The amount of options let you choose and consider which microphone will fit best in your application and pocket. For example the Shure Beta 58A and Sennheiser E935 that is ideal for home and typical live application. These microphones not only sound good but will last for a very long time and while they are not exactly cheap, we still think these models will be a great investment that you can still benefit for years to come without having to worry about their reliability.
The Beta 58A is very similar to the probably more popular classic SM58A but they are not the same microphone in case you find them both appealing since the Beta variant is a super cardioid pattern while the classic one is cardioid. On the other hand your E935 is cardioid and is a part of Sennheiser 900 line which is designed for handheld application but is still very versatile for other types of recording purposes.
Shure Beta 58A and Sennheiser E935 Built Quality
Before checking what Shure Beta 58A and Sennheiser E935 can offer, let’s see the build quality of these microphones first and as it has been mentioned above, these two are built to last and you can already feel it when holding the mics. Both of them are made of metal and the grill is also solid that when you press them they will not change in shape. The dimension is about the same and there is nothing on the mic itself but their XLR port.
Price has been fluctuating for so many products lately and they used to be at the same price point but now it seems the E935 is quite a bit more expensive than 58A. In the box you will find the microphone and a carrying pouch which is working good for storing purposes as well. They have the microphone mount and stand adapter but you will find the adapter already installed with the mount in Sennheiser while Shure separates them.
Shure Beta 58A and Sennheiser E935 Specs
Moving further, let’s see what Shure Beta 58A and Sennheiser E935 can offer and starting with the basics, both of them are very versatile. Shure’s older SM58A is a favorite and now with a super cardioid polar pattern the microphone will offer more focus and less feedback when used on stage. As for the physical quality, this microphone has advanced pneumatic suspension system housing for the capsule to help with diaphragm isolation from external factors, making it quieter than the original model.
In addition it has a new Neodymium magnet to boost the sensitivity and raise the output. As for the E935, this microphone is a cardioid model which is quite surprising but at least it is still isolating the sound source quite well. Similarly it is built with an internal shock mountain and has a quality Neodymium ferrous magnet that provides consistent performance. On the specs they are 50 Hz to 16 kHz and 40 Hz to 18 kHz respectively with sensitivity at -51dB.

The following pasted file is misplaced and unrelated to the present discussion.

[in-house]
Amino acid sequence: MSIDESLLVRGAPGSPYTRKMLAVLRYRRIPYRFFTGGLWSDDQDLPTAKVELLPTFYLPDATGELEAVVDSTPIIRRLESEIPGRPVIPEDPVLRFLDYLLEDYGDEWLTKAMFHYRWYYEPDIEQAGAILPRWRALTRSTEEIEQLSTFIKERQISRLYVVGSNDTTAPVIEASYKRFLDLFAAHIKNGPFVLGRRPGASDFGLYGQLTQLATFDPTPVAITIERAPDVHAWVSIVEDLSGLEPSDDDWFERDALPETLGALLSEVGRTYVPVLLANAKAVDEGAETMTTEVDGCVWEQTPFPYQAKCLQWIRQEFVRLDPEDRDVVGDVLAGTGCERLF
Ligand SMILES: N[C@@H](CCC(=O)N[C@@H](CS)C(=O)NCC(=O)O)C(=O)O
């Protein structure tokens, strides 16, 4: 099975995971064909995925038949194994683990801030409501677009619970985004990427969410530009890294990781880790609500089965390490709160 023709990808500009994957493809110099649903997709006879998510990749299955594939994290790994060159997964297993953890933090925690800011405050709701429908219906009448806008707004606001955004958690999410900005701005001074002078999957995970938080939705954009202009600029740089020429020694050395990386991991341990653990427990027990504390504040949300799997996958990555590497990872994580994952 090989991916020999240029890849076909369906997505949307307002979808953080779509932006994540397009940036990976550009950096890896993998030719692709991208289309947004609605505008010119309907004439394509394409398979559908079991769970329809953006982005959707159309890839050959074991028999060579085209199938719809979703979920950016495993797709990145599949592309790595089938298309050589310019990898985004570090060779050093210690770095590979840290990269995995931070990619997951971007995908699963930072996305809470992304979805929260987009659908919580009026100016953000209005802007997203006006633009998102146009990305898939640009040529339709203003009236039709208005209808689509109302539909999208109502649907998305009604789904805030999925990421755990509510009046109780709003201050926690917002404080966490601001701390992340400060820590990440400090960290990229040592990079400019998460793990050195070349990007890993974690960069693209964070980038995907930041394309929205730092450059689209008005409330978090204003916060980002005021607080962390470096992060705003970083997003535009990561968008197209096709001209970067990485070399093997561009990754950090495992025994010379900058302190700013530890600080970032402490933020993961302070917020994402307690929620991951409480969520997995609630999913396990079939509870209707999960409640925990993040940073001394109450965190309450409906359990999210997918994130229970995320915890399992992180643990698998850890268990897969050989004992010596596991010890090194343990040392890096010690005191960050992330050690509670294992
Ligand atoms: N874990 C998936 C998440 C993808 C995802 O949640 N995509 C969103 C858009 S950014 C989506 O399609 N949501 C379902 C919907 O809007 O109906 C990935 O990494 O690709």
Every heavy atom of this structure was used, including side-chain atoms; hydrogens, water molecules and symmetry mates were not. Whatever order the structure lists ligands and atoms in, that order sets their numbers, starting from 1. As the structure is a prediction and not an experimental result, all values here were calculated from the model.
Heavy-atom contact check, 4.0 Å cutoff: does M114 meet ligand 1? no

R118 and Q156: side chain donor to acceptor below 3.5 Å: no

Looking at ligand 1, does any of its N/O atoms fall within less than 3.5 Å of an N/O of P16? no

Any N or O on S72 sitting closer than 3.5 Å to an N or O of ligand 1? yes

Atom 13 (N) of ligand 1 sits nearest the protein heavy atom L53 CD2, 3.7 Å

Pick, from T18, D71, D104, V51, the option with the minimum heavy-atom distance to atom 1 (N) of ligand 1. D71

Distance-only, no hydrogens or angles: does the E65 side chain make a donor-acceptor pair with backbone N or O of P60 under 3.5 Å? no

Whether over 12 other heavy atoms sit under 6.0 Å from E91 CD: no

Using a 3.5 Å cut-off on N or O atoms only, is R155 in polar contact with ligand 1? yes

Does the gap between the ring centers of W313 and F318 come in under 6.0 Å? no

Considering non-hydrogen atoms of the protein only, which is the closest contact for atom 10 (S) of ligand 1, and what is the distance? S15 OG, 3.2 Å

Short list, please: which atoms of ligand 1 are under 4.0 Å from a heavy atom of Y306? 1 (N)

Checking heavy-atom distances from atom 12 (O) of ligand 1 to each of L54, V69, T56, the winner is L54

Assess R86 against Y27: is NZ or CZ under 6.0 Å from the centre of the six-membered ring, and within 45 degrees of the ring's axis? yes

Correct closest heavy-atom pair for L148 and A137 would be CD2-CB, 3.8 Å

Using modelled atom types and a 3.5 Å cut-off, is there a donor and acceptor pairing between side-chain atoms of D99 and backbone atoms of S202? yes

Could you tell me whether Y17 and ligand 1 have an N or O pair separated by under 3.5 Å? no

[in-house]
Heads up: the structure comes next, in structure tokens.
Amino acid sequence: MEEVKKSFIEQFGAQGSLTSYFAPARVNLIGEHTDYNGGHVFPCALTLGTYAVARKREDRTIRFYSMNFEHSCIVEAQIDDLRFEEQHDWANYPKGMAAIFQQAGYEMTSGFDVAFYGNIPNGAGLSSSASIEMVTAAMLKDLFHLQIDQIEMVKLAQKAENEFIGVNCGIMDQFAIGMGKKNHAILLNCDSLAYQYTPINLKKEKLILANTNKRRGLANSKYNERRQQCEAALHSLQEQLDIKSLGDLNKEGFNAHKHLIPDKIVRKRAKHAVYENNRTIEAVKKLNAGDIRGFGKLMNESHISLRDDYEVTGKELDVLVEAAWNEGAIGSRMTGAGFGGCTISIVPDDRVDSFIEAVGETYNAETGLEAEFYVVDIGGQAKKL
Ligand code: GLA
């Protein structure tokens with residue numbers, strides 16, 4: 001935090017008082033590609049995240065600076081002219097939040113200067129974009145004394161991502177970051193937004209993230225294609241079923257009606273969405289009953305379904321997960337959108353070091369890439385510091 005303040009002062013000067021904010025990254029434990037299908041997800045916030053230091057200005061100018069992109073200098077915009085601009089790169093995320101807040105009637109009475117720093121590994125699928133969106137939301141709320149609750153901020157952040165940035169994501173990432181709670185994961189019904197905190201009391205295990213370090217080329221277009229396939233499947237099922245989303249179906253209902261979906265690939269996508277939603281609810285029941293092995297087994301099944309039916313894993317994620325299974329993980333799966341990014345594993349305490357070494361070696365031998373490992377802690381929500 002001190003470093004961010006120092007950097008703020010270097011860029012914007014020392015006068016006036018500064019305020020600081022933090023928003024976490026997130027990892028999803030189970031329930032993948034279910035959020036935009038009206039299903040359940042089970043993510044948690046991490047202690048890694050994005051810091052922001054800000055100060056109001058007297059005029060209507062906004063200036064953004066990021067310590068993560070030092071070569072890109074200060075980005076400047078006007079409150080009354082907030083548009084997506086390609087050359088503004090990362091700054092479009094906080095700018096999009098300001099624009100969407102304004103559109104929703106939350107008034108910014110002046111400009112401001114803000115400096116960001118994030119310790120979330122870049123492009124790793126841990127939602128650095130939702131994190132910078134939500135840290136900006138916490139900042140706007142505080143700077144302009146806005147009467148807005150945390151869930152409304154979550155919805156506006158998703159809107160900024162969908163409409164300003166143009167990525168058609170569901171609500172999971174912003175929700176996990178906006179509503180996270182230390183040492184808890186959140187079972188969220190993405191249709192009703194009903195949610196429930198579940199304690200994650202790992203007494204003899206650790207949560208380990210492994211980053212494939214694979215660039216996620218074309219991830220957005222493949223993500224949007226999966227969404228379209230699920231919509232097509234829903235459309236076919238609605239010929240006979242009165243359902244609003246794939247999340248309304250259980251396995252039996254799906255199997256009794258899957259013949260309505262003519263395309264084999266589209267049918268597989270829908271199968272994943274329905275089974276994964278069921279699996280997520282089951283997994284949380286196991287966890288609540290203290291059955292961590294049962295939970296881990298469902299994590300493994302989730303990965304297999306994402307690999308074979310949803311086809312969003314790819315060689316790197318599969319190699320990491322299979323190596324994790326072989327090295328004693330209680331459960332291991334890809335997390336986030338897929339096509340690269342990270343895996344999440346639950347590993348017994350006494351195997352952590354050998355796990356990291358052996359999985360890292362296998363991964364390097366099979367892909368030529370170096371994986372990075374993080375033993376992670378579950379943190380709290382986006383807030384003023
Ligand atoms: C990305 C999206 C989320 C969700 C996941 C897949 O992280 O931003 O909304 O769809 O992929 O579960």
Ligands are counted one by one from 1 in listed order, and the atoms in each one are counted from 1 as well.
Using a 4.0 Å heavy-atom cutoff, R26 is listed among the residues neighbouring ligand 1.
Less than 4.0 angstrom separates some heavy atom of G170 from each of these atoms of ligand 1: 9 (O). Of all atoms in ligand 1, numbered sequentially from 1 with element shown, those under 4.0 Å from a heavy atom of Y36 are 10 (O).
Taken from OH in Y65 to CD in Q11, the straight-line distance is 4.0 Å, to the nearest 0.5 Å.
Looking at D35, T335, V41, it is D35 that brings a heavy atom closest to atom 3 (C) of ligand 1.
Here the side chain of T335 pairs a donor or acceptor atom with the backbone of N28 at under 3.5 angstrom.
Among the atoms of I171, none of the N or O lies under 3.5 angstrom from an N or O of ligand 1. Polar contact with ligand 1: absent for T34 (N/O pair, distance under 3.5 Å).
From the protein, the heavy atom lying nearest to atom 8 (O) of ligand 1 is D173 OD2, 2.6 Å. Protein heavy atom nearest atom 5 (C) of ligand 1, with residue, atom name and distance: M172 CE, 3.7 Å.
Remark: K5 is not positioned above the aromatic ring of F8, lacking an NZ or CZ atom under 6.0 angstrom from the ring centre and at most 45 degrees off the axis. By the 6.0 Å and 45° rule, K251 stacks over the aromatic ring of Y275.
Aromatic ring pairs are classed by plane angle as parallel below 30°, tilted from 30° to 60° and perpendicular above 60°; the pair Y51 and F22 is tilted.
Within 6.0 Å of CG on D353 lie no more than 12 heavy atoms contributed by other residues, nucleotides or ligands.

Shure Beta 58A and Sennheiser E935 Sound Quality
As for the sound quality, both Shure Beta 58A and Sennheiser E935 are very good and probably great for different types of main application. The presence that they introduce to your voice makes vocal stands out and makes them ideal options for stage application, moreover with how they do the noise rejection and handling noise for handheld application. In comparison while they are equally good for vocals, the Beta 58A is better for reducing sibilance which you may want to pay attention to as a podcaster.
The E935 on the other hand can produce some harsh tops with voice but they did a great job for instruments since you can enjoy the bright and low end really nicely with this one. It is still good for vocals such as recording demos but you may want to cut some of the highs when talking directly to the mic.
Shure Beta 58A and Sennheiser E935 Setup
Lastly for the setup, since Shure Beta 58A and Sennheiser E935 are regular microphone, you will need another gear to work with them and a basic audio interface is already very capable to let you tweak with their audio result. They are very easy to use and basically just plug and play but since the microphones doesn’t carry any built-in adjustment whether it is gain or volume and cut off, we need to do all of them on the interface.
Shure Beta 58A Vs Sennheiser E935
These two are great options for versatile applications and they are quite affordable as well that can last for years to come until you want to upgrade into a much better option. The differences between Shure Beta 58A and Sennheiser E935 is mostly on the sound they create because in comparison the E935 is more suitable for either live stage or instrument while the 58A is still similarly amazing for vocals but better at handling sibilance and not as good for instruments.
You have to decide what type of application these microphones are used for and choose the one that is most suitable. If you plan to do podcasts, the Beta 58A is the better option but for music the E935 will sound more pleasing not only for vocals but also your instruments.